Study: Uber, Lyft, Shouldn’t Be Subject to Same Restrictions That Have Harmed Taxis

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BOSTON – Rather than apply rules that have led to higher costs and lower quality in the taxi industry, Massachusetts should strive to balance adequate customer protections with the flexibility transportation network companies (TNCs) like Uber and Lyft need to do business in the commonwealth, according to a new Policy Brief published by Pioneer Institute.

In “An Uncertain Future for Ridesharing Services in Massachusetts,” author Matt Blackbourn notes that three bills are currently pending in the Massachusetts Legislature that would create a regulatory structure for TNCs; two attempt to address customer safety concerns without imposing burdensome regulations, but a third bill includes at least one poison pill.

The three bills discussed outline comprehensive plans to regulate insurance coverage, employee screening and permitting of TNCs. A fourth bill, S.559 from Sen. James E. Timilty, is also being considered by the legislature but was not a focus of this study because it addresses insurance coverage exclusively.

Nearly half the states and Washington, D.C. have adopted legislation to regulate TNCs.  Most include provisions requiring that the company or driver provide at least $1 million in insurance coverage that takes effect from the time a driver is available to field trip requests.

But H.3702, sponsored by Sen. Linda Dorcena Forry and Rep. Michael Moran, would require companies or drivers to carry a $1 million commercial insurance policy that would be in effect at all times.  Such a provision would eliminate any reasonable opportunity for TNCs to continue doing business here.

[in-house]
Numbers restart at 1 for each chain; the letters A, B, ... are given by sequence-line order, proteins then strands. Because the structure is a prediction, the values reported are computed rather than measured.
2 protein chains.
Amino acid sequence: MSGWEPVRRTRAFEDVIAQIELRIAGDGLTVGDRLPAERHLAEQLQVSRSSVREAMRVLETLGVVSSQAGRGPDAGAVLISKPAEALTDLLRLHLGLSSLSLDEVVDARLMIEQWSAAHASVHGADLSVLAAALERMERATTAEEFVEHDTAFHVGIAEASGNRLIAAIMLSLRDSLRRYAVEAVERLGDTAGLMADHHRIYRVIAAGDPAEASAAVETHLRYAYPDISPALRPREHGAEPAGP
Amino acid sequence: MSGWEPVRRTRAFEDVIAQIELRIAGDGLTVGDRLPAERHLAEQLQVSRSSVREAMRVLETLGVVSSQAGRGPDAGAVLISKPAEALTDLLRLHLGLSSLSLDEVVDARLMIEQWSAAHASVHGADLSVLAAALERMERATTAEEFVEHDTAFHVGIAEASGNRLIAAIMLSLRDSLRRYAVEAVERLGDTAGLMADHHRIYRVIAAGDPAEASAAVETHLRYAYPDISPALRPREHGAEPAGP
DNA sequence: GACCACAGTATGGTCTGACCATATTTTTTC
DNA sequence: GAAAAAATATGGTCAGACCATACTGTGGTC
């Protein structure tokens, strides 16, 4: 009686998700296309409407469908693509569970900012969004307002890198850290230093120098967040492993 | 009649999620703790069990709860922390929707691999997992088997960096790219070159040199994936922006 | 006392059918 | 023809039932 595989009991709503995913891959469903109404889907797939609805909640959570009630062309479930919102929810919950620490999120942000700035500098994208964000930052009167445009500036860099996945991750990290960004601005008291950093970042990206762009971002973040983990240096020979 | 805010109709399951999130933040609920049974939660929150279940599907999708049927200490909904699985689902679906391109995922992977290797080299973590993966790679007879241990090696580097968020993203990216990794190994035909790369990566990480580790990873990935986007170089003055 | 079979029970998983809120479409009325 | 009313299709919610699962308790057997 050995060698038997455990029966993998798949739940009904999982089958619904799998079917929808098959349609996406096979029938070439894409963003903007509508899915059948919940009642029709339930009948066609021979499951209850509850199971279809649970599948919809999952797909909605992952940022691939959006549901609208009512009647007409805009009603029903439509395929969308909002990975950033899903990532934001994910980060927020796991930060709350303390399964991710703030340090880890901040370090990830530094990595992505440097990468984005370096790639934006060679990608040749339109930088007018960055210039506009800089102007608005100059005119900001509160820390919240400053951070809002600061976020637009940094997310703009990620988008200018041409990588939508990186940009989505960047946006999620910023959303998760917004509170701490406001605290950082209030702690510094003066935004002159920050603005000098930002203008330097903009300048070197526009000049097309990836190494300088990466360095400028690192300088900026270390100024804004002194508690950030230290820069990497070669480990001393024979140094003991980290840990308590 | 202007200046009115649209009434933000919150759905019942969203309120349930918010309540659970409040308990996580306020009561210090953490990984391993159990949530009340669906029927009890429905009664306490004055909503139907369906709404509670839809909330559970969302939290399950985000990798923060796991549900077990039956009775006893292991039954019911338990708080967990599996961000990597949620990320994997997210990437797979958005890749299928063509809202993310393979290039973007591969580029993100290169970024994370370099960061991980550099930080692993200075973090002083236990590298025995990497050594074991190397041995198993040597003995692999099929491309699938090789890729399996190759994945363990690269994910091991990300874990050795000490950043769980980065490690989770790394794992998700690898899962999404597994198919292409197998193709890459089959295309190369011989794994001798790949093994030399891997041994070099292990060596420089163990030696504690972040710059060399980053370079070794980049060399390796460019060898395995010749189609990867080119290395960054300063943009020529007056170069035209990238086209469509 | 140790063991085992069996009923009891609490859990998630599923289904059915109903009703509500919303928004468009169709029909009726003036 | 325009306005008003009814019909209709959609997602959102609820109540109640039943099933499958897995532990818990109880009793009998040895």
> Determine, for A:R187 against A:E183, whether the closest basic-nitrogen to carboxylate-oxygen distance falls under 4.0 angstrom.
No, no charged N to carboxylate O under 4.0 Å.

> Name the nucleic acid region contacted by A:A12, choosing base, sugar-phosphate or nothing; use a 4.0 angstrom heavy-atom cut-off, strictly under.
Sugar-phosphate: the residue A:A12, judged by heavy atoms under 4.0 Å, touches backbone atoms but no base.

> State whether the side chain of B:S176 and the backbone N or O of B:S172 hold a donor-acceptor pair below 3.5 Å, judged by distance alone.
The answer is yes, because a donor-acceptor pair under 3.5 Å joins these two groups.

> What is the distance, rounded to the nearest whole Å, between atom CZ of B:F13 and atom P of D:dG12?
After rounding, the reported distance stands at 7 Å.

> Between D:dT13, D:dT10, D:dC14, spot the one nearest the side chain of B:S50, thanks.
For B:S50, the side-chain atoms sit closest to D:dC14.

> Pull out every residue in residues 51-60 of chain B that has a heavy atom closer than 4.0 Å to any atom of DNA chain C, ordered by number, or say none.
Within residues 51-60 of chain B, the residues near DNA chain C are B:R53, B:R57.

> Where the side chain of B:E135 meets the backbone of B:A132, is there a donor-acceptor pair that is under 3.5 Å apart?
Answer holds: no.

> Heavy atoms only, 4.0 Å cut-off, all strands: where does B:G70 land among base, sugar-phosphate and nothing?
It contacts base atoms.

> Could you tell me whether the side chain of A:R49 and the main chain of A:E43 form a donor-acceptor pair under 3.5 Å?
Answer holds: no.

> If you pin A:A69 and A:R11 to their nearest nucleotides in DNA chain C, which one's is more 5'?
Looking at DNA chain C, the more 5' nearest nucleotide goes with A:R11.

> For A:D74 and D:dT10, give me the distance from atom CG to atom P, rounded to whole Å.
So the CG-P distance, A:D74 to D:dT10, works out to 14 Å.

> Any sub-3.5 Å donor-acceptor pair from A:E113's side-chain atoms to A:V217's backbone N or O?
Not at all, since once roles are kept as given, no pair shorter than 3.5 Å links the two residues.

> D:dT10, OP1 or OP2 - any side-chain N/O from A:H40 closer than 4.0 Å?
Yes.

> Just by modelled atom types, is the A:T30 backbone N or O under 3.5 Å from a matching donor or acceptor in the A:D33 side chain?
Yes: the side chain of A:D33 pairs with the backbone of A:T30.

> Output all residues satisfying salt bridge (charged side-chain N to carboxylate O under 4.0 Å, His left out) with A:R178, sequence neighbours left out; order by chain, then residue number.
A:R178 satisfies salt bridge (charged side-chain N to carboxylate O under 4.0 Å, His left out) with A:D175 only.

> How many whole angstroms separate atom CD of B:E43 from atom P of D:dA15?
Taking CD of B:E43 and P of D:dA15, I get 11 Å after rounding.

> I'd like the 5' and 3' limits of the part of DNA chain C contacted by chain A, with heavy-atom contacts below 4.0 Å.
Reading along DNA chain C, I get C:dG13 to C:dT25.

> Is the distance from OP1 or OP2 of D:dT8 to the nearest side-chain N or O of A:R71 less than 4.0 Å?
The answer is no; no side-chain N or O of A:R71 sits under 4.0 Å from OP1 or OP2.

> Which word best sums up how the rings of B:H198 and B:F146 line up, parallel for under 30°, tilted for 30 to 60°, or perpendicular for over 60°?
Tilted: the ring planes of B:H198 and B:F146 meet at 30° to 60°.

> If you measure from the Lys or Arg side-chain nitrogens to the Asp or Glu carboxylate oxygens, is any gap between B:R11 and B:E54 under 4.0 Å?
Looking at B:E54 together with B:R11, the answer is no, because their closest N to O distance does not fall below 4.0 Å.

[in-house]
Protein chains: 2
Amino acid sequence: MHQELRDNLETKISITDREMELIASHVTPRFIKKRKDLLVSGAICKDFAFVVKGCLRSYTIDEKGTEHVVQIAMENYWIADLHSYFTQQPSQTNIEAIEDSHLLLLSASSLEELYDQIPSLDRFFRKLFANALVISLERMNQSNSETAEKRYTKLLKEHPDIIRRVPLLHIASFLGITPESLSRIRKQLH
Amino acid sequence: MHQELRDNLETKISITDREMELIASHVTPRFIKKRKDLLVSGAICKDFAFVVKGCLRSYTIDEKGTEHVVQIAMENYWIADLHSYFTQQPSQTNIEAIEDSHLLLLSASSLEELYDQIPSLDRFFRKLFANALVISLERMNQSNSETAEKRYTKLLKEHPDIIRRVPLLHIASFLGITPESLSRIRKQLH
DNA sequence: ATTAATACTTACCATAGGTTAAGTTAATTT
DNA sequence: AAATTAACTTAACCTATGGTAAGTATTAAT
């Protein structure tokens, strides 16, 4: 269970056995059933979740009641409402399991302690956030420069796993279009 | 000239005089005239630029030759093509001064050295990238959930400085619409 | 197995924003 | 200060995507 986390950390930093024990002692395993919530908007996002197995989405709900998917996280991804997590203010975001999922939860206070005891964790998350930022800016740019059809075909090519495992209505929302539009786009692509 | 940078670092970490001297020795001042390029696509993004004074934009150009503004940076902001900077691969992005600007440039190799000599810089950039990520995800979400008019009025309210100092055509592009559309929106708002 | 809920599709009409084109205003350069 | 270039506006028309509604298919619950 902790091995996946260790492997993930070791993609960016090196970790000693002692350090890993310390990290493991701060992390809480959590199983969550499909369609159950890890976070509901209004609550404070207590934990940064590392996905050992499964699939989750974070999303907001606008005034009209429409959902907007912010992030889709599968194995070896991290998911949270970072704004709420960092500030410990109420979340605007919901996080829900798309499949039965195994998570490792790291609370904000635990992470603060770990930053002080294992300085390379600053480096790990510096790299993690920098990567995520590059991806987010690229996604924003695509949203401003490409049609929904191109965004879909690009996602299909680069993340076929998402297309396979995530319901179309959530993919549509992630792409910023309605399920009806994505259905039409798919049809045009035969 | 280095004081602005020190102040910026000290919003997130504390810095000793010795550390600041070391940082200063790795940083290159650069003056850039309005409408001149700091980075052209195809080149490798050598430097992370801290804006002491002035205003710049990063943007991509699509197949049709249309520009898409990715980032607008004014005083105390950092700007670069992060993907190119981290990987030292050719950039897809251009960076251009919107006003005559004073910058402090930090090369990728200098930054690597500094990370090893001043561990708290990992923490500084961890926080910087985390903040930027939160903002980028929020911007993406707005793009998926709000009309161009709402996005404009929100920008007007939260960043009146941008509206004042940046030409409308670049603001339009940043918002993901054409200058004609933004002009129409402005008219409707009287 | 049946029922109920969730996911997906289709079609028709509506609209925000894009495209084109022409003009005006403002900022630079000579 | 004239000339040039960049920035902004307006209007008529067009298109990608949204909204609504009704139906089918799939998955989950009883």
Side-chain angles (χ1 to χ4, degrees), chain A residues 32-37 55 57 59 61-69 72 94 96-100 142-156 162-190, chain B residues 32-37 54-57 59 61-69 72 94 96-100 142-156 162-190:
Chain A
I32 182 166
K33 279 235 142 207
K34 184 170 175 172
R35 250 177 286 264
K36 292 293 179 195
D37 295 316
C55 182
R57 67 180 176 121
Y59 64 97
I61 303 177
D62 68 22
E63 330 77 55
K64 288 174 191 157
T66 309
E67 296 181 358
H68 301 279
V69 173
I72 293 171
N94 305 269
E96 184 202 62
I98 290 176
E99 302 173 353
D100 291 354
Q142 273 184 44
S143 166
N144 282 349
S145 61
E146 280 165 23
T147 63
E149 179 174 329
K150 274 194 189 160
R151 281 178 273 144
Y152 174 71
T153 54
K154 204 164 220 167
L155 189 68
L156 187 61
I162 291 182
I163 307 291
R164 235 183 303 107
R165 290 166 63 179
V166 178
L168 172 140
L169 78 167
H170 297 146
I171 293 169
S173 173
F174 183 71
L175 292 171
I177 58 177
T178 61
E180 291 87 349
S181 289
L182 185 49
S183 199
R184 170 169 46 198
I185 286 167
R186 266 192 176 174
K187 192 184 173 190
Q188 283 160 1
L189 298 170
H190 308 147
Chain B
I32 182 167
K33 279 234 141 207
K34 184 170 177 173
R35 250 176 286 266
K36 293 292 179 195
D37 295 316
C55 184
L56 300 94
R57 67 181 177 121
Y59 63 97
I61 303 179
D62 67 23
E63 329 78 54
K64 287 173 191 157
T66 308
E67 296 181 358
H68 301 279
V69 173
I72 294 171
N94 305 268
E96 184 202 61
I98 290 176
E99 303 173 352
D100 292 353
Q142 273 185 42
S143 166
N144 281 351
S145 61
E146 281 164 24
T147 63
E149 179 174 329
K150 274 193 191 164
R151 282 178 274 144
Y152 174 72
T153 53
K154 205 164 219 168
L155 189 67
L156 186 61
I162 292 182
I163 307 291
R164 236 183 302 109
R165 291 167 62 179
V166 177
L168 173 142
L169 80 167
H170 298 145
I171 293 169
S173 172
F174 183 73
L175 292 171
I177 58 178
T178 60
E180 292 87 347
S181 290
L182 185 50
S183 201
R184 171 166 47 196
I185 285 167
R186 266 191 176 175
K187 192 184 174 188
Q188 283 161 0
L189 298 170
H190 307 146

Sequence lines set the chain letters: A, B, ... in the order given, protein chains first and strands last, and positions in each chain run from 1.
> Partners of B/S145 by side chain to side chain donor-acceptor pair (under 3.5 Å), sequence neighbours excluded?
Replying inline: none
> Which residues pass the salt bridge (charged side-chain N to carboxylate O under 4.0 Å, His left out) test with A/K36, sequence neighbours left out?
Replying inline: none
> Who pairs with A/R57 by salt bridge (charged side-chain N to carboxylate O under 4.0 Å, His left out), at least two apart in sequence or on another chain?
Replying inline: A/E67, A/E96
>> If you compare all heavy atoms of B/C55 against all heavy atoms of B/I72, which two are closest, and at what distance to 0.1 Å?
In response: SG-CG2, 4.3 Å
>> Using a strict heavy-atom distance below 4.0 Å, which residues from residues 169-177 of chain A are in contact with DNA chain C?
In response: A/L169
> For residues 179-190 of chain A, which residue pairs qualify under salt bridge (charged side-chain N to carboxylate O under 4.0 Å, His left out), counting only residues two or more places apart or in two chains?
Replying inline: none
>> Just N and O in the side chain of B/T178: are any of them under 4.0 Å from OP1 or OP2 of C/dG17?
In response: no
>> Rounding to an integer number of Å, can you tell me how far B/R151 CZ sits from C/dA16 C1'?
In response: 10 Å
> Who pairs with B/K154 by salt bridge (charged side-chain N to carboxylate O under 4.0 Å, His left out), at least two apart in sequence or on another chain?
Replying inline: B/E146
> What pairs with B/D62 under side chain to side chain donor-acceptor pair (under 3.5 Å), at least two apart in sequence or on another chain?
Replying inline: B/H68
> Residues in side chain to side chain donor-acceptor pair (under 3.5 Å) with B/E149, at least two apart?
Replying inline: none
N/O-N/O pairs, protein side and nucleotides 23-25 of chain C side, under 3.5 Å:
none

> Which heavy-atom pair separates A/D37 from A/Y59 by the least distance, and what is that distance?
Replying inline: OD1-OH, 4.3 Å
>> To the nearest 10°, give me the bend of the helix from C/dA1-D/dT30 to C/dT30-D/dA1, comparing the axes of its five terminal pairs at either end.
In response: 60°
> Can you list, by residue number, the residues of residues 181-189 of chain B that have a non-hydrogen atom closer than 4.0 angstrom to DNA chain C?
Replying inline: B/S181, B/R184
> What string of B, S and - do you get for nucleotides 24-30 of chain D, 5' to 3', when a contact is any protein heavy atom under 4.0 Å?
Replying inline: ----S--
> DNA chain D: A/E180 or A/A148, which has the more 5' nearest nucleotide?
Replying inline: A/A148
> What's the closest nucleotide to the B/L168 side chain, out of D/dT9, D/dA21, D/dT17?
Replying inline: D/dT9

“The cost would be prohibitive,” said Pioneer Institute Executive Director Jim Stergios.  “Especially when you consider that a majority of Uber drivers, for example, drive 15 hours per week or less, and nearly half have separate full-time jobs.”

Dorcena Forry and Moran wrote in The Boston Globe that their bill would ensure that TNCs comply with the “same regulations that apply to every other form of transportation in our state.”  But many Boston taxi companies carry only the minimum bodily injury coverage ($20,000 per person and $40,000 per accident).

As they work to adopt appropriate TNC regulations, legislators should also strive to reform the taxi industry, which a 2013 Globe spotlight series exposed as rife with oligopolistic practices, worker exploitation and resistance to adopt changes urged by customers.  As a result, taxi ridership in Boston is down by 22 percent this year alone.

Rather than maintaining a system that insulates taxis from reform, the legislature should re-examine existing taxi regulations and consider changes that would modernize the industry.  The proposed changes would create an incentive for cab companies to adopt features like user-friendly mobile-based applications, pricing transparency, systems that allow drivers and passengers to rate each other, and automated payment systems that eliminate the need for person-to-person transactions.  These reforms would allow taxis to remain competitive by improving service quality and reducing prices.

Matt Blackbourn is Pioneer’s Research & Operations Associate. Matt manages Pioneer’s Better Government Competition outreach effort, and its internship program. He is also involved with the Institute’s government transparency initiative and assists with research for the Center for Better Government. Matt holds a Bachelor of Arts in Political Science and Philosophy from Tulane University, where he was elected to Phi Beta Kappa and graduated summa cum laude.

Pioneer Institute is an independent, non-partisan, privately funded research organization that seeks to improve the quality of life in Massachusetts through civic discourse and intellectually rigorous, data-driven public policy solutions based on free market principles, individual liberty and responsibility, and the ideal of effective, limited and accountable government.

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